• 2017 Forte Sedan
  • 2017 Forte Sedan
  • 2017 Forte Sedan

Road Test: 2017 Kia Forte

More than a Budget Econobox

While buyers are practically stumbling over each other as they rush to buy crossover SUVs, don’t forget the unassuming four-door sedan. They cost less than crossovers; they’re more fuel efficient; and they cost less to maintain and insure.

Take the 2017 Kia Forte four-door sedan. The base LX with manual transmission starts at $17,495, including destination charges, or $18,495 with a six-speed automatic transmission. This is followed by the new S trim with a sticker price of $20,195 and top EX at $22,195, both with automatic shifters.

As for fuel economy, LX and S models have an EPA rating of 32 mpg combined with the automatic transmission; while the EX gets 28 mpg.  That’s pretty dang good for the compact car segment, and it’s equal to or better than that of competitors such as the Ford Focus (up to 31 mpg combined) and Mazda3 (up to 32 mpg combined).

The 2017 Kia Forte is more than just a budget econobox. Like other Kia models, it offers plenty of features that buyers want at a pocket-pleasing price plus an industry-leading warranty. And, should you prefer a different body style, there’s also a two-door Forte Koup as well as a five-door Forte hatchback. However, both of those remain carryover models.

Updates For 2017

It’s not easy to design a good-looking compact car, but the 2107 Forte’s sheetmetal has an assertive charm that turns heads.  A mild exterior update gives Kia’s tiger-nose grille an update that has been extended to blend with newly designed headlights, mimicking the larger Optima. Taillights have also been redesigned and have optional LEDs. This works well with the Forte’s already gracefully arced elongated roofline and sculpted side sheetmetal.

2017 Forte Sedan

An assertive exterior

Iniside, the 2017 Kia Forte has a look and feel that’s tastefully simple, yet just a bit upscale. Upgraded with higher-grade soft touch plastics, the large hooded analog gauges have the very light touch of metallic trim that gives a hint of sports-sedan style. A 4.2-inch TFT (think-film transistor) display between the tach and speedometer reports trip mileage while a seven-inch touchscreen centered in the dash conveys menu and infotainment functions.  The radio has actual knobs for volume and tuning, while round climate controls feel sturdy.

A high point is storage space. There’s a useful bin hiding under a sliding screen in front of the shift lever, and a fair-sized glovebox and center console bin. There’s even a little tray perfectly sized to hold the key fob.

The Forte offers decent room for four adults front and rear, though headroom in the rear will be tight for taller adults—a result of the rakish roofline that reduces aerodynamic drag. For young families, two rear-facing infant or child-safety seats easily fit in the back seat and tether anchors are easy to access.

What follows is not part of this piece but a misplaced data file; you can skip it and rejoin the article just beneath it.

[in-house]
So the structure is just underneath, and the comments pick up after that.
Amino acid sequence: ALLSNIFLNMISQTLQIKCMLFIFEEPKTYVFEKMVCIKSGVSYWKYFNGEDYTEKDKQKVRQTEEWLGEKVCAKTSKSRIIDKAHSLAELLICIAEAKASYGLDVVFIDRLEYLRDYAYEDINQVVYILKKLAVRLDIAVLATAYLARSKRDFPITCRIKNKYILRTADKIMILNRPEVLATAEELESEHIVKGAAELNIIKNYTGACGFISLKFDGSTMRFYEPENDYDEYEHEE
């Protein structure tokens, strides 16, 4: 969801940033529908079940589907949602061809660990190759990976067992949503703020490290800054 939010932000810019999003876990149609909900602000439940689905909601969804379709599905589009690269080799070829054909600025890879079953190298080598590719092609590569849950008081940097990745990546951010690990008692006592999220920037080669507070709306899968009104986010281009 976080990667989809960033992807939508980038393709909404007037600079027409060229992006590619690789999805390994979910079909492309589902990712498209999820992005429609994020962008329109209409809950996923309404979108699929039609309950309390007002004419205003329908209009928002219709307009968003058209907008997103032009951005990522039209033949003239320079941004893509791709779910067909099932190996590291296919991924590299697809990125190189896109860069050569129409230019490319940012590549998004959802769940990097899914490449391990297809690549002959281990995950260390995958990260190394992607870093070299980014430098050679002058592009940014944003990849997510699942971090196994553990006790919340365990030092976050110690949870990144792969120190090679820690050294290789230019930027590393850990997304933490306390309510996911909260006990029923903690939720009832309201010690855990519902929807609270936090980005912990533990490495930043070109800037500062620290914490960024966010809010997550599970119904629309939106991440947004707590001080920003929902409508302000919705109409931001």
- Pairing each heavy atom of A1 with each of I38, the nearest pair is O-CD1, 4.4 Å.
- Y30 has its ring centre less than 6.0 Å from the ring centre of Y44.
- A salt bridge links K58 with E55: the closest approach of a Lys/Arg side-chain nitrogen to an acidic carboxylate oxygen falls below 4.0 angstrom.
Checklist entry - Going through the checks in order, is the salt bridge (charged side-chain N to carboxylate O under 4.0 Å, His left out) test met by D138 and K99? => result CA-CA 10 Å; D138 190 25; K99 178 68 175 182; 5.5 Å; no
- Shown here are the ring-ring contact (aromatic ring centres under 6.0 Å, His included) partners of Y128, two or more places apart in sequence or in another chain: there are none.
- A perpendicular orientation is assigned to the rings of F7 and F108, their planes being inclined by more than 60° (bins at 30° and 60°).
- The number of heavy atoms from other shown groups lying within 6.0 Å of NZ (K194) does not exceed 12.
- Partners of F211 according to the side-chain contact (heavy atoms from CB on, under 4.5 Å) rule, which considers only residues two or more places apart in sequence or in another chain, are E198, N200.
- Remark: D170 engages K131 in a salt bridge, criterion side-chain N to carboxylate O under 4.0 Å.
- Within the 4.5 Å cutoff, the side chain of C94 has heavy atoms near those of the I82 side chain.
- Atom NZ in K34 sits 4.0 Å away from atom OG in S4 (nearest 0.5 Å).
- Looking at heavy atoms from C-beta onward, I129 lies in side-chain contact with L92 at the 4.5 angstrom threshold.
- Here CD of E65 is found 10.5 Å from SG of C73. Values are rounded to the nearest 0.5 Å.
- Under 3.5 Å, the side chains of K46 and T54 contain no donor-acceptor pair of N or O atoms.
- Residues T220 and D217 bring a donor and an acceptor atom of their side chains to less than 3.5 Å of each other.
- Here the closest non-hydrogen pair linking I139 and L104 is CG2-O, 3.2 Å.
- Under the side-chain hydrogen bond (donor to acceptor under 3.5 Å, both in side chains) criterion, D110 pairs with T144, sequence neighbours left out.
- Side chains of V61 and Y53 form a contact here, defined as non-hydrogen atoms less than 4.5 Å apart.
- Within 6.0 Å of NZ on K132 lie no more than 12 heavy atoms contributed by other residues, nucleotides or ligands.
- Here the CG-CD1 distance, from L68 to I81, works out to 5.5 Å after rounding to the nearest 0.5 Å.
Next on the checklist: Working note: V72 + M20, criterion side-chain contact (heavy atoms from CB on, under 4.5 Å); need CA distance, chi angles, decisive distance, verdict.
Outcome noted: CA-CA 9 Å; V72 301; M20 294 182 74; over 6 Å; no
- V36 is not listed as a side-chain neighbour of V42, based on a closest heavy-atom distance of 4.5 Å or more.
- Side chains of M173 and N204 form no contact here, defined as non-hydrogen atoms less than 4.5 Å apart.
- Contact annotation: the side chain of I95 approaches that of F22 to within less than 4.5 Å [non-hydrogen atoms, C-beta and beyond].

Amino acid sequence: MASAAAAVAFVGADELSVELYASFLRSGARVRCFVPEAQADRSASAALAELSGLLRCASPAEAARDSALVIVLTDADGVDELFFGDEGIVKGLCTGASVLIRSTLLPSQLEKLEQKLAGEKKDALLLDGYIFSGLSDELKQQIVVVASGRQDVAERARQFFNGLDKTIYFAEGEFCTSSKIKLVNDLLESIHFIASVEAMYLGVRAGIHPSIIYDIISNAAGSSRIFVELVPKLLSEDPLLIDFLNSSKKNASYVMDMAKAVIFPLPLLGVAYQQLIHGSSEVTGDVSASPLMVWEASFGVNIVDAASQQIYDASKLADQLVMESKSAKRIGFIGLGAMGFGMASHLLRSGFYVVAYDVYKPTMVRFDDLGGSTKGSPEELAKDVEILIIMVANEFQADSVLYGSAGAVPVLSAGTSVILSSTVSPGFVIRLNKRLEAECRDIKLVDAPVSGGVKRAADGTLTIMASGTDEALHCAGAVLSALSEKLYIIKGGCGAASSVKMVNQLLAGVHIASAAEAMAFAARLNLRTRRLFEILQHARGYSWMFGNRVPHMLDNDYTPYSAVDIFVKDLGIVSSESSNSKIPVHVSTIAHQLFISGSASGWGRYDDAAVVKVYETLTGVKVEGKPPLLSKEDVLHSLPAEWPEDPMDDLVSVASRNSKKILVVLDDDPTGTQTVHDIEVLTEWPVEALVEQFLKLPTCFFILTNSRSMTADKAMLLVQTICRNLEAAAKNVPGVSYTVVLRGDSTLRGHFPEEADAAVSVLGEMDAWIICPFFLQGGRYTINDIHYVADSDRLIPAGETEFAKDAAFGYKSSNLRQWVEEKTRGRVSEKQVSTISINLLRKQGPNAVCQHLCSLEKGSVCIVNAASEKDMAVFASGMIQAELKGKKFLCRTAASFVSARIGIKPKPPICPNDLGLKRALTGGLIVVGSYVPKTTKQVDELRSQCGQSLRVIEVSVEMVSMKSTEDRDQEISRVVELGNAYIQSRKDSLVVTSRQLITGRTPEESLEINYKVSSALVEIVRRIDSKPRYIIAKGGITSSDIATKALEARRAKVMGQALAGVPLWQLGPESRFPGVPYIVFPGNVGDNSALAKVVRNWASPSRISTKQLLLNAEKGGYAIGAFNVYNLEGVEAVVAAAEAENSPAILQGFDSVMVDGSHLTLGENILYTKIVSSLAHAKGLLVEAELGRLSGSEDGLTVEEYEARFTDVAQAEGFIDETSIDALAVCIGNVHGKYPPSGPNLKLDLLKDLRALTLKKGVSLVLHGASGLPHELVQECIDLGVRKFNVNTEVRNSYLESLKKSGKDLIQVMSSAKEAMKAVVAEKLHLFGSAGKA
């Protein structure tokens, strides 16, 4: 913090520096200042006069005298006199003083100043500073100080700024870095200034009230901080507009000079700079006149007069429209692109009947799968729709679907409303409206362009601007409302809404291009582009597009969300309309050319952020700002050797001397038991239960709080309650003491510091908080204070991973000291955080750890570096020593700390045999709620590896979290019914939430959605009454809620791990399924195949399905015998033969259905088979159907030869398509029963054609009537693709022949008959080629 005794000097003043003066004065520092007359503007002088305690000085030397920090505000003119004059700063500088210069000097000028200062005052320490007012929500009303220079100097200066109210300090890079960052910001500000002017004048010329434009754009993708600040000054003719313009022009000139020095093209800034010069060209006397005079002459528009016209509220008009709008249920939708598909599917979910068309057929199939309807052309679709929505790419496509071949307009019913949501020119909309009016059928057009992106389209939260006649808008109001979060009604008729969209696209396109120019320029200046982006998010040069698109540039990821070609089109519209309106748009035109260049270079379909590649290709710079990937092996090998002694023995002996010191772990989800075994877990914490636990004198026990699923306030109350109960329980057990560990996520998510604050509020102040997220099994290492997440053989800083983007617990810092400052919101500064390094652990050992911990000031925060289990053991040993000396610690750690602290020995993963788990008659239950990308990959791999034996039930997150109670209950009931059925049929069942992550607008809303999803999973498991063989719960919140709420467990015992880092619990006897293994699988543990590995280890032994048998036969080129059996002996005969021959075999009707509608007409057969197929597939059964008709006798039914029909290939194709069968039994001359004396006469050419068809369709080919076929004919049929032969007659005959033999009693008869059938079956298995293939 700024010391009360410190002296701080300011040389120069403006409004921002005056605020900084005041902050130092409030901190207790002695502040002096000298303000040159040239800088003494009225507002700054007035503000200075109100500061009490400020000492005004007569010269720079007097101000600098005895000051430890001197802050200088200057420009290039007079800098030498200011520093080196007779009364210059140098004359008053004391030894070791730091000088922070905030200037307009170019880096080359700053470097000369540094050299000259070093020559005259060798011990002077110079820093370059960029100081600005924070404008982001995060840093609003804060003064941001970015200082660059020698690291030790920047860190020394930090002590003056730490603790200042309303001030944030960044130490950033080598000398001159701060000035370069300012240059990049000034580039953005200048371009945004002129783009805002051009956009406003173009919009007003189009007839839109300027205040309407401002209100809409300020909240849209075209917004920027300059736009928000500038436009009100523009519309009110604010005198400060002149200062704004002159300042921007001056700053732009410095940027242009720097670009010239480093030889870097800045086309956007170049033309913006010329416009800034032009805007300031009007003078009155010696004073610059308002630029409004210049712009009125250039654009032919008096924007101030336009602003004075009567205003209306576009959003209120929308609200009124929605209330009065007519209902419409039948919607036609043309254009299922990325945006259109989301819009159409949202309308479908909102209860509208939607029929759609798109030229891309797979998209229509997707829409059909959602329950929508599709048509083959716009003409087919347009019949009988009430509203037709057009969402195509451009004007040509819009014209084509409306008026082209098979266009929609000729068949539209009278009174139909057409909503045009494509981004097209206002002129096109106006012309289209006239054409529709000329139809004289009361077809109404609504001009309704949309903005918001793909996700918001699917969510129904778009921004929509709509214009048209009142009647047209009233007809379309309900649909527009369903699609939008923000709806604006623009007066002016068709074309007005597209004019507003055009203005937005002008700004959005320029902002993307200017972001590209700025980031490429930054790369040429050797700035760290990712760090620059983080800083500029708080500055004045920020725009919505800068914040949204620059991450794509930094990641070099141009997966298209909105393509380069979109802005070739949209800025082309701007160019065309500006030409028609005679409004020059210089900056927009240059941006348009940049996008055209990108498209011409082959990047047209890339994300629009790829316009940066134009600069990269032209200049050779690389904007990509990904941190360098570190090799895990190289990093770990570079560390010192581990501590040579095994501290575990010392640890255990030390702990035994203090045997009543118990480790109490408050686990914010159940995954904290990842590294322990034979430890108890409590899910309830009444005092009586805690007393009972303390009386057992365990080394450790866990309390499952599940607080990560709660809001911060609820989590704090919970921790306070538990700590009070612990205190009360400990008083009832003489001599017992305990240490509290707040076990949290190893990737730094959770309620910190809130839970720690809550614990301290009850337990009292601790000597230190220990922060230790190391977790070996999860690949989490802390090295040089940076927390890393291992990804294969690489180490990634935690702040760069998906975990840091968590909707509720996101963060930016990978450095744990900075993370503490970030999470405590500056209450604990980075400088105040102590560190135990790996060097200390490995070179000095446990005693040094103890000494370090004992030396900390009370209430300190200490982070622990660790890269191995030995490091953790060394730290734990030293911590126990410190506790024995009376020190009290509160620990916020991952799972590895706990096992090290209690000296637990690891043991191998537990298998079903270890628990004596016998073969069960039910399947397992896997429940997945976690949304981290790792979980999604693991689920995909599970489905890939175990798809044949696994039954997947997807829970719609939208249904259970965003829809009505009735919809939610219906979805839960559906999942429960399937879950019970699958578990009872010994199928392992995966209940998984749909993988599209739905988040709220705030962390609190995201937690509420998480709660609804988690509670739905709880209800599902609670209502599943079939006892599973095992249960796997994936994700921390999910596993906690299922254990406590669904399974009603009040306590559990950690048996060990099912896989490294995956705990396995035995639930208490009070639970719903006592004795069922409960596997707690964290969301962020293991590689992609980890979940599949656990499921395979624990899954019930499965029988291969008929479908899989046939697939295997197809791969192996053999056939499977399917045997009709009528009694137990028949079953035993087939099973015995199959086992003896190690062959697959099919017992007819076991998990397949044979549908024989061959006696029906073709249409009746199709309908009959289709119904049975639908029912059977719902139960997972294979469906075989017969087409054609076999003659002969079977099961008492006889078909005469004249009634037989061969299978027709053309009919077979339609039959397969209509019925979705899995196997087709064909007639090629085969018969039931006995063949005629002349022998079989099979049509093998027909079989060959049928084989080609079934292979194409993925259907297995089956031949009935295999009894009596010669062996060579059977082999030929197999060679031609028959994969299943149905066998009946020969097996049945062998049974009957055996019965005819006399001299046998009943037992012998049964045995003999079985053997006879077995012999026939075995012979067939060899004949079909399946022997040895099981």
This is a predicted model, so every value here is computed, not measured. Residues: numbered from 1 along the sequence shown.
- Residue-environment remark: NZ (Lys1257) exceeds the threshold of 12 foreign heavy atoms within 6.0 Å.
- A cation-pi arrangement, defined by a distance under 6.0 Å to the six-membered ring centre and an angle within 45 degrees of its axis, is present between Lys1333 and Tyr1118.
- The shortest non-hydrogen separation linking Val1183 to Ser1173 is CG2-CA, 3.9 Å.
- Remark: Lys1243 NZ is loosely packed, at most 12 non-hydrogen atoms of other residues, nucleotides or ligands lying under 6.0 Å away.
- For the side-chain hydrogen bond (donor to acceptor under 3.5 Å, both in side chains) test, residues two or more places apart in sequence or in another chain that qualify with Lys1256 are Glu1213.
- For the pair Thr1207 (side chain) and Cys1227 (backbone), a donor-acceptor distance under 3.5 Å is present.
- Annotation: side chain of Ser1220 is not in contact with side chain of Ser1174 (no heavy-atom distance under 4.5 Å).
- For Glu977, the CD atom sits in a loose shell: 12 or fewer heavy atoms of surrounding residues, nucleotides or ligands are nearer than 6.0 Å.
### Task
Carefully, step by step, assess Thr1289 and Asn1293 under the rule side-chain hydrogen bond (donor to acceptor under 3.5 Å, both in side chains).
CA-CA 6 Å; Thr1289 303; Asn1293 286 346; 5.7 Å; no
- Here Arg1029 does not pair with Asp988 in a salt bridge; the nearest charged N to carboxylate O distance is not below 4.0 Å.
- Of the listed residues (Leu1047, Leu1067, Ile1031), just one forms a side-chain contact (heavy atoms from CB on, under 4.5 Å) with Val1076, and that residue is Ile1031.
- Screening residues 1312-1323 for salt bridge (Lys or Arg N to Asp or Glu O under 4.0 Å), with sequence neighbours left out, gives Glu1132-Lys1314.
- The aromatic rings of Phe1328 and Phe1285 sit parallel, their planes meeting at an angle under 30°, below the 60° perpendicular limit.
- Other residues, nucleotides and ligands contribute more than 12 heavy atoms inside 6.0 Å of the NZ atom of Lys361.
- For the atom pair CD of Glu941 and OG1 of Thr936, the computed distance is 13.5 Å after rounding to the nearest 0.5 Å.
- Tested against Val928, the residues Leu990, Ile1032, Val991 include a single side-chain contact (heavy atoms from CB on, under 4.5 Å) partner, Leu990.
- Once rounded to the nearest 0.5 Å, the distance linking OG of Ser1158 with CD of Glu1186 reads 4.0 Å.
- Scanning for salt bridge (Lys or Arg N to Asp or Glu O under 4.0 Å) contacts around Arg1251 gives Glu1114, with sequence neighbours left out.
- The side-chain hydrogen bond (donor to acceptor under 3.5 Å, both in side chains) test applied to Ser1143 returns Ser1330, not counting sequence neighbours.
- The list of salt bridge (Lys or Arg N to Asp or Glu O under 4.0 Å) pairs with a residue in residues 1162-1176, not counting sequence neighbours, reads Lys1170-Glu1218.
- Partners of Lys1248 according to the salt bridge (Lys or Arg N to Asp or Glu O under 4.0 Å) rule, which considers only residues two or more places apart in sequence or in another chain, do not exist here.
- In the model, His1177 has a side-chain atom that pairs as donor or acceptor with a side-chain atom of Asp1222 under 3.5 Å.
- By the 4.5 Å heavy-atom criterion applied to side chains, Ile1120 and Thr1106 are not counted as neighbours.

Forte’s trunk provides an impressive 14.9 cubic feet of capacity and the trunk lid is cut wide for easy loading. Rear seats fold down, nearly flat, when needed.

A Value-Packed Vehicle

The 2017 Kia Forte is much more than a compact car with an upscale look and feel.  It continues Kia’s reputation for value-packed vehicles, offering considerable features for the money.  There are relatively few stand-alone options, simplifying ordering, but a number of packages wrap together sets of features that add convenience and luxury.

2017 Forte Sedan

An upscale interior that measures up to the best-in-class

Standard features on the LX sedan include: heated mirrors, air-conditioning, full power accessories, a tilt-and-telescoping steering wheel, a height-adjustable driver seat, Bluetooth connectivity and a four-speaker sound system with a CD player, satellite radio, USB connectivity and an auxiliary audio jack.  The optional Popular package adds cruise control, upgraded interior upholstery and trim, a rearview camera, a 4.3-inch touchscreen and bumps to six speakers.

Moving up the model lineup, Apple CarPlay and Android Auto are included in an option package whose content includes a sunroof, heated and cooled front power seats and navigation system. Our topmost EX test car had the optional Premium plus package that packed in some new active-safety features, including autonomous emergency braking, rear cross-traffic alert, front-collision warning, lane change assist, and dynamic bending lights. All that was missing was adaptive cruise control, which is not yet available on Forte.

New Powerplant For 2017

It’s rare that a car replaces its primary powerplant in the middle of its production cycle, but the biggest news for the 2017 Kia Forte is a new 2.0-liter four-cylinder engine. Replacing the previous 1.8-liter four is a new slightly larger 2.0-liter rated at 147 horsepower and 132 pounds-feet of torque. Standard on the LX and S models, it operates on the Atkinson cycle for maximum fuel economy. Paired with the revised six-speed automatic transmission, the new engine increases combined fuel economy to 32 mpg—up one from 31 mpg—but the city rating gets a big boost from 26 mpg to 29 mpg.

EX models come with direct-injected 164 horsepower 2.0-liter four-cylinder, rated at 151 pounds-feet of torque. Paired with the automatic, it returns an EPA-estimated 28 city/33 highway/25 combined.

Neither engine is among the quickest or most powerful for compact sedans, but are more than competent when merging into freeway traffic or passing on two lane highways.

Behind The 2017 Forte Steering Wheel